Now ministers have had their holidays to brush up on what actually might be possible to ensure Brexit means Brexit, what will be the best negotiating strategy to take?
There are still many, especially in Parliament, who cannot accept the people's vote and will sow confusion by diluting what leaving the EU means. One grumpy sacked minister remarked she had come to terms with Brexit so long as it meant being in the Single Market and having free movement of labour. That’s not Brexit, that’s Remain!
We can now see that two strategies will compete for the approval of Theresa May and her Cabinet.
The first is to spend an inexorable amount of time analysing all the complexities thrown up by the myriad agreements and treaties signed by the UK over the last 40 years. There shall be great consultations and a wooing of lobbyists, vested interests and devolved governments to take account of their concerns. From all of these considerations will come the argument the UK should not rush into anything, in the belief that a considered approach will provide the best deal possible. Already we have had banks saying negotiations should take five years, not two.
All manner of obstacles will be suggested that might delay the arrival of “B-Day”, from the German and French elections next year, to the legal process in the UK, and the possibility of the Scottish Parliament, the Lords and even the Commons voting against the will of the people.
A day does not pass without a further hurdle being proffered that could prevent the triggering of the Article 50 mechanism until late 2017.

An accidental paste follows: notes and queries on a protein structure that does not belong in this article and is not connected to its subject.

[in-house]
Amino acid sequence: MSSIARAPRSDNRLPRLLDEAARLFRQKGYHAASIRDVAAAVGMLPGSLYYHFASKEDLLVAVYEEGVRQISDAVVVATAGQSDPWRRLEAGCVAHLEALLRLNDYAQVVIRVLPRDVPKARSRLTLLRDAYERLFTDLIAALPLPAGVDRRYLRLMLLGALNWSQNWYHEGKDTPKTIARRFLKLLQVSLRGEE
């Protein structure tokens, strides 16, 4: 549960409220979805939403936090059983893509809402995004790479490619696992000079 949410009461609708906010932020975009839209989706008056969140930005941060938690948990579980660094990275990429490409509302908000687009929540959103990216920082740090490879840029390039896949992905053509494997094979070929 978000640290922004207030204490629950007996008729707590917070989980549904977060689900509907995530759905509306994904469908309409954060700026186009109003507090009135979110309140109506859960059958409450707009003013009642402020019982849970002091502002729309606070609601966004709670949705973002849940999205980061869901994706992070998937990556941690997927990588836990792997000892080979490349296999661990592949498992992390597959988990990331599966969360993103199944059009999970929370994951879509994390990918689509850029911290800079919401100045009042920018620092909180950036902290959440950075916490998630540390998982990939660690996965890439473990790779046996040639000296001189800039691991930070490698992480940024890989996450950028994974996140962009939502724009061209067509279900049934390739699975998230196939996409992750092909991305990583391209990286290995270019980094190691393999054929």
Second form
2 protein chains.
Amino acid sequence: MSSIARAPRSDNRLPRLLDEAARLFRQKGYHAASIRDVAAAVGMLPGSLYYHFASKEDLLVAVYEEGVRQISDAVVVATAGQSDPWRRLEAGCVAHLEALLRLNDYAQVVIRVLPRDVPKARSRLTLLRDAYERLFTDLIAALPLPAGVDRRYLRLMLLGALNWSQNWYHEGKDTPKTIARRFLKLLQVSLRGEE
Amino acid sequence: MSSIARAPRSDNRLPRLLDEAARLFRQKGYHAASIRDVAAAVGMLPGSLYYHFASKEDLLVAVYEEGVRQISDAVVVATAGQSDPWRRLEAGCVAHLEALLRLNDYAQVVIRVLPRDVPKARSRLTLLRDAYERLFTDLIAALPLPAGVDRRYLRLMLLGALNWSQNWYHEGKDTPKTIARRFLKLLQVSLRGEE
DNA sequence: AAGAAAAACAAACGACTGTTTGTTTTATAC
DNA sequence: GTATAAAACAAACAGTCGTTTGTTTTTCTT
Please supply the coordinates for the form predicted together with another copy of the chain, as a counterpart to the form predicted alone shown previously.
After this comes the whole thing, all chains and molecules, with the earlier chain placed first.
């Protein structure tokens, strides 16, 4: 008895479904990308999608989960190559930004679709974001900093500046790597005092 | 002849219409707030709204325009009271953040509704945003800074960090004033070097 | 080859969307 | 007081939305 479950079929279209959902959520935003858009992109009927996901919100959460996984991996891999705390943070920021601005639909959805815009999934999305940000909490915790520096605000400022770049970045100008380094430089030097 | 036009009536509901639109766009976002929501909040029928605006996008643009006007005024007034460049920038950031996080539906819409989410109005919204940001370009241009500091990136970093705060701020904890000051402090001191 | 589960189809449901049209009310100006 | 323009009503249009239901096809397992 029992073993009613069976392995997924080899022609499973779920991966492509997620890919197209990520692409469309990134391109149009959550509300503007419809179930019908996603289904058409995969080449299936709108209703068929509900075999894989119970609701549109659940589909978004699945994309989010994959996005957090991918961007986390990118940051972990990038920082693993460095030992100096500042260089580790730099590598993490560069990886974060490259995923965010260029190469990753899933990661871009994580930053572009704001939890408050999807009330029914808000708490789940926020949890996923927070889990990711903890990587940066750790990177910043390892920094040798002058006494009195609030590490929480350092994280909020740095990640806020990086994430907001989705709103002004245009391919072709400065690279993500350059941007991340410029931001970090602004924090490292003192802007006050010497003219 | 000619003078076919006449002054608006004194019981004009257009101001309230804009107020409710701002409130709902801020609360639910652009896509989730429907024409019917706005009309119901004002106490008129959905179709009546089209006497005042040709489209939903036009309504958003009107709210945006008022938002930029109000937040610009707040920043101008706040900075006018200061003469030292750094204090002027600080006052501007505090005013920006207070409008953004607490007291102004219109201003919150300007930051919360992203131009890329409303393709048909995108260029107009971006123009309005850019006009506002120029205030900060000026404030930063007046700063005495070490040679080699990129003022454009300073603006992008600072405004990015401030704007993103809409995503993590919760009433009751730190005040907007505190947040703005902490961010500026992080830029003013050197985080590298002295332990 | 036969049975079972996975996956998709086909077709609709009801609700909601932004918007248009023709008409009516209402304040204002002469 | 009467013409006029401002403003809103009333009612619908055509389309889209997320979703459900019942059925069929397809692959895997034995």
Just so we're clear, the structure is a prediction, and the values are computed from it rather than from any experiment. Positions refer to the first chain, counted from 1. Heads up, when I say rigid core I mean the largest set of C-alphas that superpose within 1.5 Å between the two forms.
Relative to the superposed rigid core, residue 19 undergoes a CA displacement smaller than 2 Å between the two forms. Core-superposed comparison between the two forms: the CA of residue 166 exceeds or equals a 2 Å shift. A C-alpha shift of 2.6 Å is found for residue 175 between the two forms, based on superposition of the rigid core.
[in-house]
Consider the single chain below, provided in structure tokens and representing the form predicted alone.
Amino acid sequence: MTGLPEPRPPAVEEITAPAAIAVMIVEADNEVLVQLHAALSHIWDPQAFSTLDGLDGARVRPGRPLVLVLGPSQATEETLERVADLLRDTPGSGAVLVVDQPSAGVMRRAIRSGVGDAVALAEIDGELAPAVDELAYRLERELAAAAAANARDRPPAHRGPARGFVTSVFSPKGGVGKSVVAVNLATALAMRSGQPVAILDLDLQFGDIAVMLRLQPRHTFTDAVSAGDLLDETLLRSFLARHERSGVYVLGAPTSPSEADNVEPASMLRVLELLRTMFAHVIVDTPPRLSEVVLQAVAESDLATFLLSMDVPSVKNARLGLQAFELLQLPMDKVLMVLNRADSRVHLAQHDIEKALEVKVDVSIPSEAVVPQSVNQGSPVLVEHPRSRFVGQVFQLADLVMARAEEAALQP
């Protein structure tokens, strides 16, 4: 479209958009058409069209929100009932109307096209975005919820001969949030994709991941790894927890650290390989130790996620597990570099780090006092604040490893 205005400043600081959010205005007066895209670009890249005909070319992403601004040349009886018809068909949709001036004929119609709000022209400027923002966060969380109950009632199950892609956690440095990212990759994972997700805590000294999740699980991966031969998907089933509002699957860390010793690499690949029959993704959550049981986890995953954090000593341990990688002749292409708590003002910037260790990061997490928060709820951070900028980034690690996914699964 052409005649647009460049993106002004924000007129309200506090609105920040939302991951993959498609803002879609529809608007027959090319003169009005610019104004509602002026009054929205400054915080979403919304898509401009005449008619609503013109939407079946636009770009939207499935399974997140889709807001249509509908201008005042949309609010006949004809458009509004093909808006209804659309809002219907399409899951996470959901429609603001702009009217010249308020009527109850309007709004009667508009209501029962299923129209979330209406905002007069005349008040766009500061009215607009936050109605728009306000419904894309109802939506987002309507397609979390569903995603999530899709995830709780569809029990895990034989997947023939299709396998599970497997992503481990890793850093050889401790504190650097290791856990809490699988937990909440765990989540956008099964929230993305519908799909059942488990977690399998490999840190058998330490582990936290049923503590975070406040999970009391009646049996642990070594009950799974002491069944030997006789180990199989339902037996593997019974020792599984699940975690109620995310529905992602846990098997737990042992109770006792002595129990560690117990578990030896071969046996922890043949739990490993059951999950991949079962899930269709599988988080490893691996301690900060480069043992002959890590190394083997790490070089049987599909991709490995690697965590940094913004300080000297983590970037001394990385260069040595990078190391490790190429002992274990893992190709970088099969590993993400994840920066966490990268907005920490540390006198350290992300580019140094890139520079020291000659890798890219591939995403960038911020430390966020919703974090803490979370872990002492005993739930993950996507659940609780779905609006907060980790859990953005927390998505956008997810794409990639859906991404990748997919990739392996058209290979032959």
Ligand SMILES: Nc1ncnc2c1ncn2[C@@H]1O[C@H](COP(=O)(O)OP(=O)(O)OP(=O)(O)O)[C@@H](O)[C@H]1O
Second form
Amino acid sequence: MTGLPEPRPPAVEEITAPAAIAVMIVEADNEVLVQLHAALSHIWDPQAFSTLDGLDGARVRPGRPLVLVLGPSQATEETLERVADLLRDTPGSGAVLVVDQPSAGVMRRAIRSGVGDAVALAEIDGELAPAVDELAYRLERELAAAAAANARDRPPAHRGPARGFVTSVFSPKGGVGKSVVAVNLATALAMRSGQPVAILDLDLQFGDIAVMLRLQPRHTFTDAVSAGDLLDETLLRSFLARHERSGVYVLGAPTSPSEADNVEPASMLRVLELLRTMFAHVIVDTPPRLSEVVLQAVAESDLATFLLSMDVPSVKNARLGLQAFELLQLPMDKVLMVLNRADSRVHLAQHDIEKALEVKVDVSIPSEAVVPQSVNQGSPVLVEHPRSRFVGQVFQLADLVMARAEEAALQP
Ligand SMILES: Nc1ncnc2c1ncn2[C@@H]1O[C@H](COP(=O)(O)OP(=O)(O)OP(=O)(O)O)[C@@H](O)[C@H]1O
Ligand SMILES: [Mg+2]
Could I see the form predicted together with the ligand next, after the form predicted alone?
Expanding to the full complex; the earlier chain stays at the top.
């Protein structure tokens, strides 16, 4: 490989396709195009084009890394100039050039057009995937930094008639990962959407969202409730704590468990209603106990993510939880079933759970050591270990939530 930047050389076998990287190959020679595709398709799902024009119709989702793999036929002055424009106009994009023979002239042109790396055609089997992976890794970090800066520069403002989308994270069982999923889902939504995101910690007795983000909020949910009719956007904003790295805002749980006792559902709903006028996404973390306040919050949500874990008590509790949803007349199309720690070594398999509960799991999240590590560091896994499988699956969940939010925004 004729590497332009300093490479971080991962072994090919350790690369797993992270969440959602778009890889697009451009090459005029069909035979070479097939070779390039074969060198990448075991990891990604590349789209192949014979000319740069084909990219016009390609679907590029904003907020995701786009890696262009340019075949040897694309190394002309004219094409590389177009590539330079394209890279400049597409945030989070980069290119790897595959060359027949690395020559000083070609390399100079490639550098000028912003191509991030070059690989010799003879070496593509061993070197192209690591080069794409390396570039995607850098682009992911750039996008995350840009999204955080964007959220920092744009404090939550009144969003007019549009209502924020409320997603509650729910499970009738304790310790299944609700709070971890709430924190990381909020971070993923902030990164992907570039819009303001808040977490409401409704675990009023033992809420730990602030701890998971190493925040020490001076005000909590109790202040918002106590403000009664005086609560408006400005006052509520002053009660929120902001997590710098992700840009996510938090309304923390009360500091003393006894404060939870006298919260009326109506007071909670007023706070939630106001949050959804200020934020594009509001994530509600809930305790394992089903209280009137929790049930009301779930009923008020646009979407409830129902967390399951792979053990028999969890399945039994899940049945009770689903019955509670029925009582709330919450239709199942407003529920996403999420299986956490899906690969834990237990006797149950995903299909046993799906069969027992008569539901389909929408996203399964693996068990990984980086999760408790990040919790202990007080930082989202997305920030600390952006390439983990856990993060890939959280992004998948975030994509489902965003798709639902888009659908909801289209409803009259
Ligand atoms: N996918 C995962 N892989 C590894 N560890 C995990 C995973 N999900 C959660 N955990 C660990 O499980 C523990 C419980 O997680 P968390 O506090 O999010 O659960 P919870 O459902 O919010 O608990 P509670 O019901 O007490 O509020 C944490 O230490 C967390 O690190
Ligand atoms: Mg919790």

Unsurprisingly this is the position most favoured by Remainers. They hope to frustrate Brexit so that it never happens or becomes meaningless by failing to deliver what can be described as a genuine exit from the EU.
Their strategy is to delay B-Day until late into 2019 so that it becomes the focus of the General Election due in June 2020, putting Brexit in doubt until after that election. There are many in the Labour Party in particular who hope that they could thus defeat the Conservative government on anti-Brexit sentiment. Be under no illusions, such uncertainty would be highly damaging to the City and UK businesses.
The second position is to recognise that no deal is better than a bad deal and that all that is required for “Leave to mean Leave” is for our government to identify the goals it aspires to and what its non-negotiables are – and then to trigger Article 50. No later than the end of the first quarter of 2017, preferably sooner, should be enough time for that process to be completed.
The UK can then offer a deal based on our current position of zero tariffs, allowing EU members to enjoy their trading surplus with us in return for ending free movement of labour. This would mean B-Day would happen at the beginning of 2019 – well before any General Election momentum builds up.
Simultaneous with triggering Article 50, the UK would make clear that, if the resulting two-year long negotiations fail to meet the government’s red lines – such as passporting covered under the new Mifid 2 equivalence regime – the UK will walk away and operate under World Trade Organisation rules. The EU’s exporters would suffer the most, making an eventual deal very likely.
At the same time, free trade agreements would be negotiated informally. At the last count, there were over 20 nations that had signalled an interest in agreeing an FTA. If there’s a problem, it is in consummating the deals in time rather than finding willing partners. On the morning the UK leaves the EU – two years plus one day – we would celebrate our independence through a global Britain FTA signing day with non-EU countries around the world.
It is between these two outline positions that the Cabinet will have to decide. The question of denying free movement of labour with EU states will be non-negotiable, payments for membership and in support of programmes such as the Common Agricultural and Fisheries Policies will be ended, and the UK will operate outside the EU customs union external tariff barrier. Access to the Single Market will be at least on the same basis as the US, China and Japan, and we can trade freely without tariffs with the developing nations that are desperate for our business.